I’m not quite sure why they use the omnivorous bit. Perhaps it’s trying to scare off vegetarians and vegans from even inquiring about a table. The website says, ‘ Contemporary take on classic Venetian dishes served in a relaxed restaurant with waterfront terrace’. Fair enough sounds okay.
We eventually find the restaurant, and it really is off the beaten track, thank goodness for Google street maps.
The place is very smart, and I feel rather scruffy as I walk in, but the restaurant has a nice feel to it. The menu is a little bit pretentious for my liking, and I’m not sure Tiramisu is Venetian. However, I order fresh Burrata with fresh white truffle followed by Escaping Cuttlefish. The slightly warmed cheese comes in a deep bowl, and the waiter grates over the fresh, pungent truffle. It’s delicious if a little under-seasoned. The breads are lovely. The main course is okay 2 small cuttlefish filled with white polenta and black ink sauce. As you can see by the photo, they are ‘escaping’ from what I’m not entirely sure. Perhaps it’s a vegan diner. Who knows? Lukewarm, nice but again under seasoned.
My friend has beef tartare and prawn ravioli. The beef is difficult to eat, by that, I mean it’s not chopped finely enough and devoid of any seasoning. The pasta looks and is very good, fine as rice paper but the filling again lacking seasoning.
Deserts were equally confusing. My tiramisu came with a hand-drawn map (I still have no idea why), and a raspberry foam (grrrrrrrrrrr) with ice cream was okay. Not what I was expecting, my friend described my dessert as ‘scrambled egg and gravy’ perhaps a little disingenuous, but I can sort of see her point.
Would I come here again? Probably not, nothing to do with the restaurant or food, just not really my bag, but I’m glad I did get away from the crowds, anyway next stop Dubrovnik.
Never been here before, and as we arrive, we have an almighty thunderstorm of biblical proportions. It was so bad I didn’t get off the bus. I just went straight back to the ship and checked the weather forecast.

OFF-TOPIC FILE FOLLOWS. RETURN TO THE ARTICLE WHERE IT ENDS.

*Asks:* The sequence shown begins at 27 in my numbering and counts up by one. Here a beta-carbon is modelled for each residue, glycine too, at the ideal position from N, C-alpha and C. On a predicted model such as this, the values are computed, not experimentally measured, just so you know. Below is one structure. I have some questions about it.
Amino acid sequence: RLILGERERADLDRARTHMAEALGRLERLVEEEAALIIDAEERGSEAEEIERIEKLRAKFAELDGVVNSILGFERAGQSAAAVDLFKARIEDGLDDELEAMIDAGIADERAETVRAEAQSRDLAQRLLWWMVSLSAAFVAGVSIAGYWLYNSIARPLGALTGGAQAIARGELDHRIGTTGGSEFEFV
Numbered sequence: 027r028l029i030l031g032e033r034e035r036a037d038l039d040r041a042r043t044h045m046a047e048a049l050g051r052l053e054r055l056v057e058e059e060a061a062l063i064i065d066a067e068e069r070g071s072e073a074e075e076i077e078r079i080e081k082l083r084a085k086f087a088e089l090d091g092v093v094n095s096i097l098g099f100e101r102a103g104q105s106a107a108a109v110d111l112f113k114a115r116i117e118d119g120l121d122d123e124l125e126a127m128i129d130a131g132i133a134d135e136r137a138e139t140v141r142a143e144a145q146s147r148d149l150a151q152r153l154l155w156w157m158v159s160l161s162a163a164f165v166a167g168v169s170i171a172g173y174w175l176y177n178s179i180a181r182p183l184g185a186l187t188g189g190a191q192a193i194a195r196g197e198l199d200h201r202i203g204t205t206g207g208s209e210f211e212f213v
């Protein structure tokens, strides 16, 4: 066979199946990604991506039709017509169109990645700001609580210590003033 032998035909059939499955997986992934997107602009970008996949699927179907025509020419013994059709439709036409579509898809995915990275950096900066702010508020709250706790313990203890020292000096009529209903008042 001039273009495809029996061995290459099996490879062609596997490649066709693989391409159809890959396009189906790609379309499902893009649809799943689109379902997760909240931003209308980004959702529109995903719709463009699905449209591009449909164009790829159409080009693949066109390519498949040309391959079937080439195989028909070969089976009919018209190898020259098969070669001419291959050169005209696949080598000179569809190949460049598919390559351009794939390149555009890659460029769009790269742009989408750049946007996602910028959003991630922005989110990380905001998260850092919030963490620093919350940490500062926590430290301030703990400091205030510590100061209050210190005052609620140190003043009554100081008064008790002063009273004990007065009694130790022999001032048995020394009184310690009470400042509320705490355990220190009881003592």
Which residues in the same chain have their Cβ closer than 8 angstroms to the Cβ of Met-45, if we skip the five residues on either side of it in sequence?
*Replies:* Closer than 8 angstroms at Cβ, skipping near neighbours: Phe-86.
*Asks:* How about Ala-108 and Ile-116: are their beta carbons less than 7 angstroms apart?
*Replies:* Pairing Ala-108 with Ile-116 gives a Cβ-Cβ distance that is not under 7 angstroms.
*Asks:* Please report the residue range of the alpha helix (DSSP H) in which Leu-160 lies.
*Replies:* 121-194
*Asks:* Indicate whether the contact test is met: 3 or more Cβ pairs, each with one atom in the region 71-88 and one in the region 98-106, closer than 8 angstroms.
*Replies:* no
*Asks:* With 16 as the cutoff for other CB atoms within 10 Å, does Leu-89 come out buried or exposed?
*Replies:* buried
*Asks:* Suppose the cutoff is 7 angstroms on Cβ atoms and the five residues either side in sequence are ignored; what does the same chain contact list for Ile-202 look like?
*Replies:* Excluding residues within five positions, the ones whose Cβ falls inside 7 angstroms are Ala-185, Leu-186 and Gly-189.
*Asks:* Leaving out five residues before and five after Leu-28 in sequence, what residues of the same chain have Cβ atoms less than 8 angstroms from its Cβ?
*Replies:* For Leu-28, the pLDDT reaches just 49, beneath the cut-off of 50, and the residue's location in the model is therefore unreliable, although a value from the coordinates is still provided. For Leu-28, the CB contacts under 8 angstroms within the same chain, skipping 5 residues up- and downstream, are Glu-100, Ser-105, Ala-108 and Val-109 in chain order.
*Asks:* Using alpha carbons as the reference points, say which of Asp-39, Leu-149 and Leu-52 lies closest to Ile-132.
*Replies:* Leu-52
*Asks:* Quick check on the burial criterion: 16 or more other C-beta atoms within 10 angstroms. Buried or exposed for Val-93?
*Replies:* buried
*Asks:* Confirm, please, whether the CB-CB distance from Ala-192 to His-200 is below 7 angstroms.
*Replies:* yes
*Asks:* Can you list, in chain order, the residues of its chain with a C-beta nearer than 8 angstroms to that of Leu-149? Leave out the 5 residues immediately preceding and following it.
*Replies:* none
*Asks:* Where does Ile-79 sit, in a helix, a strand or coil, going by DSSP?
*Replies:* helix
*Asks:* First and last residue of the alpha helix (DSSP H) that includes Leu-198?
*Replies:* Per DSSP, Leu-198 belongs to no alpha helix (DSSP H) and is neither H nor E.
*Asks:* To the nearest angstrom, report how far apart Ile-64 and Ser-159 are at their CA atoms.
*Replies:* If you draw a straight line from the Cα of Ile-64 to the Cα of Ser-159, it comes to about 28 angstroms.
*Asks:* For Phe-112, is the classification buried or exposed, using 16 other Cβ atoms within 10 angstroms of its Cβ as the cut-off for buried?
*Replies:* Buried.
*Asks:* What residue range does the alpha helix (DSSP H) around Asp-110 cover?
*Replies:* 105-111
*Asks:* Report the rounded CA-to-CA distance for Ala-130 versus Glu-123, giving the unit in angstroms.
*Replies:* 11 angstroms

Thankfully it stopped an hour later, so I set off again in search of a restaurant called Kopun in the old town. My parents came on holiday here years ago before the war and said it was beautiful. They were not wrong. It’s charming and very clean. I wander around for a bit, trying to find the place. After asking a couple of people, I eventually find it. Basically, you walk down the main street then take a right up 6 or 7 flights of stairs, and it’s in a small courtyard by the church of St Ignatius. I had read a few good reviews and decided that I wanted authentic Croatian cuisine; I wasn’t disappointed.
I was early and the first one to dine outside. The menu is small and straight to the point. Incidentally, the restaurant takes its name from the famous bird it serves Capon, Kopun in Croatian.
I had 6 oysters from the town of Ston, just with lemon and black pepper. Ston is less than an hour away and is very famous for its bivalves. They were very nice and similar in size, shape and flavour to a Fowey oyster here in the UK. I soon polished them off pretty sharpish. Even the waiter was surprised and asked me if I wanted another 6!!
Fo the main course, I had the Dubrovnik capon, stewed with wild orange, honey, white wine and gnocchi. This is probably one of the best things I’ve eaten recently, and it was truly spectacular. Chunks of the old boy perfectly cooked and packed full of flavour. The sauce is lightly flavoured with wild bitter orange, honey, soft spices and fruits such as figs. Then interspersed with lovely light gnocchi, wow.
Dessert I had to have Rozata, the local desert a sort of bog-standard crème caramel, with a few local almonds. I thought it was good value with a glass of local rose and a couple of coffees, all for about £50. If you come to Dubrovnik, you simply have to come here.